How Is Monkeypox Affecting US Travel?
The World Health Organization has declared Monkeypox a global emergency as cases increase worldwide. There are currently 6,300 known cases in the United States, with the number growing daily.
So, how does this affect US travel?
Cases among tourists are uncommon, according to the Centers for Disease Control and Prevention (CDC). However, because the disease is spreading, it’s a good idea to take precautions when traveling.
What Exactly Is Monkeypox, and How Is It Transmitted?
According to WHO, people contract Monkeypox through “close contact” with an infected person or animal. Contact with infected material might also result in transmission.
The Monkeypox virus spreads from person to person by close contact with lesions, body fluid, respiratory droplets, and contaminated items such as bedding.
The Biden administration is boosting testing and immunizations in the United States as case numbers rise. Still, deaths have been documented exclusively in Africa, where a more severe strain of the virus is spreading.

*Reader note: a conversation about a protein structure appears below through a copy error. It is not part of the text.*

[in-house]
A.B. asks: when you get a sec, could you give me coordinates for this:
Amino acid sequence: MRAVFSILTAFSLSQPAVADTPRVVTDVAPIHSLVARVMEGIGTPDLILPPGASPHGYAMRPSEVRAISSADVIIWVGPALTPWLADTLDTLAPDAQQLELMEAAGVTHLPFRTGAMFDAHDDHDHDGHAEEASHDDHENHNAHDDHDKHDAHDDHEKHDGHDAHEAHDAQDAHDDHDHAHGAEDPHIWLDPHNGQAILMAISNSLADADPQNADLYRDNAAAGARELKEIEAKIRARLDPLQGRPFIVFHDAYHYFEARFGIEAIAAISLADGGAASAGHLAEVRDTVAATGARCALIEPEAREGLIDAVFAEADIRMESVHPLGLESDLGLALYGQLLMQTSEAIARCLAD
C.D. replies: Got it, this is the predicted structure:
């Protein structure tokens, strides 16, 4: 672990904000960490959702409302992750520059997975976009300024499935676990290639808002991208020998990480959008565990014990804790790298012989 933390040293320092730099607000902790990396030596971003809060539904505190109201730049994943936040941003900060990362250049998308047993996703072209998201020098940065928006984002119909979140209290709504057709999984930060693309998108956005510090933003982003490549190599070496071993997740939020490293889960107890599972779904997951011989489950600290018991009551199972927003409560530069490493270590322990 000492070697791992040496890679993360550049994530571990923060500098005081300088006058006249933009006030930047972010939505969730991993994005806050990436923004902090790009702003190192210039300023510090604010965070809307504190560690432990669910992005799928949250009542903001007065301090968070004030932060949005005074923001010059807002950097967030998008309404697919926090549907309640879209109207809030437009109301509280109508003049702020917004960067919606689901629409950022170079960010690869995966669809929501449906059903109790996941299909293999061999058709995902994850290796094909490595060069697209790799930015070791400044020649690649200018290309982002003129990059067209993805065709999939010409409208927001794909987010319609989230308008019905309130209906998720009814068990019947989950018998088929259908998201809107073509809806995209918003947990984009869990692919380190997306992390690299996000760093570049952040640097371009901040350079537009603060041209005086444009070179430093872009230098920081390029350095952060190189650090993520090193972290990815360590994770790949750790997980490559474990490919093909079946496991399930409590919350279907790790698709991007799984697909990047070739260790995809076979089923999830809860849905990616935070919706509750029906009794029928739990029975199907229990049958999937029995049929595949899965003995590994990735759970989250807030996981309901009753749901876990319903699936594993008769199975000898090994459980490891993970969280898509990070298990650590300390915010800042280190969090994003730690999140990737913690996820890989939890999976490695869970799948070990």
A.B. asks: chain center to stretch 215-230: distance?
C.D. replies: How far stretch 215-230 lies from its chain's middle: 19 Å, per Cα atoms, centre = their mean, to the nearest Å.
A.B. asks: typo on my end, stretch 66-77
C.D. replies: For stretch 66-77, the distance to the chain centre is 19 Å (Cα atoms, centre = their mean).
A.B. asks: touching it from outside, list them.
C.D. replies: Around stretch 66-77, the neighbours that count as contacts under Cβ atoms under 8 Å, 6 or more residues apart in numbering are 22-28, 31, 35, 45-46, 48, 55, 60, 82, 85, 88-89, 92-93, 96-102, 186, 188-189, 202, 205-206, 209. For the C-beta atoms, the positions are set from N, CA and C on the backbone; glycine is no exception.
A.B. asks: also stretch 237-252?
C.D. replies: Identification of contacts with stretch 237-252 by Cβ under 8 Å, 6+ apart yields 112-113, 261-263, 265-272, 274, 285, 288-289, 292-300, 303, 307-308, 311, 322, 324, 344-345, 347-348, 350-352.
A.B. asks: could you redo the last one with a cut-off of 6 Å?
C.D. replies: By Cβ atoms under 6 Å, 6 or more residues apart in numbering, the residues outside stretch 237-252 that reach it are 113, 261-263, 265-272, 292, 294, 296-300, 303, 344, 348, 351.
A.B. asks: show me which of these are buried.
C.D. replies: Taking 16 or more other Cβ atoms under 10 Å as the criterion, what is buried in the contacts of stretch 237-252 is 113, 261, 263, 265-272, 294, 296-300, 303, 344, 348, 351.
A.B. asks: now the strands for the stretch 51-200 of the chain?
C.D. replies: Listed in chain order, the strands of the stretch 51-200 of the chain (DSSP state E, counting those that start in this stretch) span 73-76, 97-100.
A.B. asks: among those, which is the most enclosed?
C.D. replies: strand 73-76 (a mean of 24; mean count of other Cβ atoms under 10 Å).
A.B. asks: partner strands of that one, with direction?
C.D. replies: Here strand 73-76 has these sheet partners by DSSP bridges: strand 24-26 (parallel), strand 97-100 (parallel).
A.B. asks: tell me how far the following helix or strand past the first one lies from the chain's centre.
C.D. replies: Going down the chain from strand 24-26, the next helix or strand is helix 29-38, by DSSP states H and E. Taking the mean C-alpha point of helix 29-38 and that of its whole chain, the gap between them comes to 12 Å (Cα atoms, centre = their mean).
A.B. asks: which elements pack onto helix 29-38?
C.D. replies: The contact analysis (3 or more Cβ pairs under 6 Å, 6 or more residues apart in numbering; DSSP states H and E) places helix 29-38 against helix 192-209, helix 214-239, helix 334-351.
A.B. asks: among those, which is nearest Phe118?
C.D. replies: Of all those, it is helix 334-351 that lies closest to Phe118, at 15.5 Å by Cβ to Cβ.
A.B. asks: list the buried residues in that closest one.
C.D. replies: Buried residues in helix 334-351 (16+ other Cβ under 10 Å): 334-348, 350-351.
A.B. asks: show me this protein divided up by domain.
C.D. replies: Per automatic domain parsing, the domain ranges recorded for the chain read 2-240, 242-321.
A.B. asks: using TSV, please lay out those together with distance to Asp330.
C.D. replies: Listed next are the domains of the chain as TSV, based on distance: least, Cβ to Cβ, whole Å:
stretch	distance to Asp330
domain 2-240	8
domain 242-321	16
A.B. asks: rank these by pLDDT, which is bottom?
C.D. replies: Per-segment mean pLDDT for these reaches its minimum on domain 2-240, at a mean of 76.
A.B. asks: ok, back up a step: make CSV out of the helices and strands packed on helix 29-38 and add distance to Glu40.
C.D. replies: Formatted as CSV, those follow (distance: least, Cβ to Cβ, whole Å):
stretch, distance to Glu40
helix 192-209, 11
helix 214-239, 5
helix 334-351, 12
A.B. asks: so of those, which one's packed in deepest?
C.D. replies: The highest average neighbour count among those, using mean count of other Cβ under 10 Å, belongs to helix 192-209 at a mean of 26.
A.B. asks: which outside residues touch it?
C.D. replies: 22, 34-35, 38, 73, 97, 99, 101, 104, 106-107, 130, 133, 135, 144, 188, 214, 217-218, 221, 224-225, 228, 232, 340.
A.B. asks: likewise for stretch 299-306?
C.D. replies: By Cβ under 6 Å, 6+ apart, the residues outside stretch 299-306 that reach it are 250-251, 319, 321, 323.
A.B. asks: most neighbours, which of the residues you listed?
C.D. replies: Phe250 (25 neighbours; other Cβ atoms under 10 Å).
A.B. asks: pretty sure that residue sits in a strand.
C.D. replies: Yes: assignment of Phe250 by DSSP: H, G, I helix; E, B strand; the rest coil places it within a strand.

Should Travelers Be Concerned About Monkeypox?
In late May, the CDC issued a Level 2 travel health notification, encouraging travelers to consider extra precautions, such as washing their hands frequently and avoiding touching their faces.
There is a chance of transmission through “prolonged close physical contact,” such as between family members in the same household or through sexual activity. Still, there is a very minimal risk of transfer through casual contact.
The majority of Monkeypox cases discovered in places such as Western Europe, the United States, and Canada have happened among men who have sex with men; therefore, travelers should be cautious if they are having sexual contact with someone overseas.
How to Prevent Yourself From Monkeypox While Traveling?
- Avoid close contact: Monkeypox is not airborne and is considered to be transmitted by direct touch with someone infected with the virus. Do not hug, kiss, or touch anybody with a rash, skin, or genital lesions. Avoid sharing silverware, glasses, and a sick person’s clothes or bedding.
- Hand washing: Wash your hands thoroughly and frequently with soap and water. Keep hand sanitizer with at least 60% alcohol on hand as well.
- Avoid animals: When traveling, avoid touching any living or dead wild animals, such as rodents and primates, such as monkeys or apes. Do not consume meat or utilize goods obtained from wild animals, such as creams or lotions.